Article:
Public Schools are Resegregating
January 21, 2003
More students attend segregated public schools now than at any time since the late 1960s, despite decades of court-ordered busing and school oversight, research shows.
In "A Multiracial Society with Segregated Schools: Are We Losing the Dream?" the Civil Rights Project at Harvard University says more than 70 percent of black students and nearly 76 percent of Latino students nationwide now attend predominantly minority schools.
Looking at more than 30 years of data, the report says the South made the most desegregation gains, moving from "virtual apartheid in the early 1960s to become the nation's most integrated region." Now, however, public schools are becoming resegregated, especially in the South. According to the report:
- Nationally, white students are the most segregated group in the country, with the average white student attending a school that is 80 percent white.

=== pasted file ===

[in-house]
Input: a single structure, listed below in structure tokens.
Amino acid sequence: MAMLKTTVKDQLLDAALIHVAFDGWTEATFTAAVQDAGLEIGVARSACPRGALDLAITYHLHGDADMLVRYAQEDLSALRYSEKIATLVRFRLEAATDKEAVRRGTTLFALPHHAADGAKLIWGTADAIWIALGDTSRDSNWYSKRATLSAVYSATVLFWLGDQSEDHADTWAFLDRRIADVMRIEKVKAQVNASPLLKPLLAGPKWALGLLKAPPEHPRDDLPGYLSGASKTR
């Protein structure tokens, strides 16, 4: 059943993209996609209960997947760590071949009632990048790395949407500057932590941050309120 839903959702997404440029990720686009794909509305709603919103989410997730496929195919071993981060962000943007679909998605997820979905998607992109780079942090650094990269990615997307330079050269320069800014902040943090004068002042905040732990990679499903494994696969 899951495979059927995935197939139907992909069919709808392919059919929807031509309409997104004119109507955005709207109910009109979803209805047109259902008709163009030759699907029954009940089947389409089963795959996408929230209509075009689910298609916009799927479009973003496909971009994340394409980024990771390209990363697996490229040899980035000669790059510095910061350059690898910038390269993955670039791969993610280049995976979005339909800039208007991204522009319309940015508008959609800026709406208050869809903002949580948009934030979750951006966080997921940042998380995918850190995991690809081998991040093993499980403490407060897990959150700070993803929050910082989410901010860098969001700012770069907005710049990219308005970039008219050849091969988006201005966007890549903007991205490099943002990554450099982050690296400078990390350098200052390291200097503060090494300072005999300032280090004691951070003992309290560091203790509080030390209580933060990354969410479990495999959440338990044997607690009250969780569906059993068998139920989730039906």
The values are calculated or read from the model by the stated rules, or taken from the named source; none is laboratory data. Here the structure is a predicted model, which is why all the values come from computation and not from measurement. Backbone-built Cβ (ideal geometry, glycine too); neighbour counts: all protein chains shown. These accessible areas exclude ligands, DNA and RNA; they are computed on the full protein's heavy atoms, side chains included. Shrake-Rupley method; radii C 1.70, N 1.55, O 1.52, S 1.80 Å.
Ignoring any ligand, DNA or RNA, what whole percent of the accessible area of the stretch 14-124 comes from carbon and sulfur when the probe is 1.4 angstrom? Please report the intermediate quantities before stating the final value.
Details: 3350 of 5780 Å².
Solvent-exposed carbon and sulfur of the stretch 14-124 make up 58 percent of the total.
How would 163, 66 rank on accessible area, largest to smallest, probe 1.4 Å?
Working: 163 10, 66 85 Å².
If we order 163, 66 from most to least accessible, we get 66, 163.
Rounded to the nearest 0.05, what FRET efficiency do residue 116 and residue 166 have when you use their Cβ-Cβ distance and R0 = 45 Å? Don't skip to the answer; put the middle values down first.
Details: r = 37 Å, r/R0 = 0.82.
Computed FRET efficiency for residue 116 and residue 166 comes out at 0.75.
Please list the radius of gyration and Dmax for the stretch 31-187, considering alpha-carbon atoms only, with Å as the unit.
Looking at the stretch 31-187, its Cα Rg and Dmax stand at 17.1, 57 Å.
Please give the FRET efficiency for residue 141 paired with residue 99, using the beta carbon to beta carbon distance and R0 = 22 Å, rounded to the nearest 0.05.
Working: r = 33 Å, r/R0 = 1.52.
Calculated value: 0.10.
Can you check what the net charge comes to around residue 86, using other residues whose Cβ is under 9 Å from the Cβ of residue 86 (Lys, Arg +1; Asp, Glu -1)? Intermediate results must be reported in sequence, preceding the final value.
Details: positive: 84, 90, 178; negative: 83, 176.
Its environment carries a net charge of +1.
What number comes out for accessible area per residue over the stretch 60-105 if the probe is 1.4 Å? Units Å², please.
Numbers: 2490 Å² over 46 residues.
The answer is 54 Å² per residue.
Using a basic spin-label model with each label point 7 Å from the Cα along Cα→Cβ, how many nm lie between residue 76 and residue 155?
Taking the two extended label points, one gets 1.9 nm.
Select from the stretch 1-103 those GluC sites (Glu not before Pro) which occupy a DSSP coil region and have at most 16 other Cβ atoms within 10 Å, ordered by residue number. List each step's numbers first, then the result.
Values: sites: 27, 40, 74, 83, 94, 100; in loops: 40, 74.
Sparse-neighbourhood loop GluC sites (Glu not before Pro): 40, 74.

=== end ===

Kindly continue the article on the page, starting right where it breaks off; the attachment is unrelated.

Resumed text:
- Just 31 percent of black students attend majority white schools today, compared to 43.5 percent in 1988.
- Asians are the most integrated group, living in integrated neighborhoods and attending racially mixed schools.
- Suburban populations are becoming more diverse, but patterns of segregation are cropping up in those school districts.
The report concludes that resegregation is occurring because of changes in the racial makeup of communities and school-age children, and changes in the desegregation plans.
Several critics, however, question the report's analysis and conclusions given what is happening demographically. They point to the fact that higher income white and black families have moved to the suburbs or their children attend private schools. Says Stephan Thernstrom of the Manhattan Institute, "There are not enough white students to go around..." to racially balance urban schools.
Source: Ira J. Hadnot and Scott Parks, "Public schools resegregating, research finds," Dallas Morning News, January 19, 2003; based on Erica Frankenberg, Chungmei Lee, and Professor Gary Orfield, "A Multiracial Society with Segregated Schools: Are We Losing the Dream?" January 16, 2003, Civil Rights Project at Harvard University.
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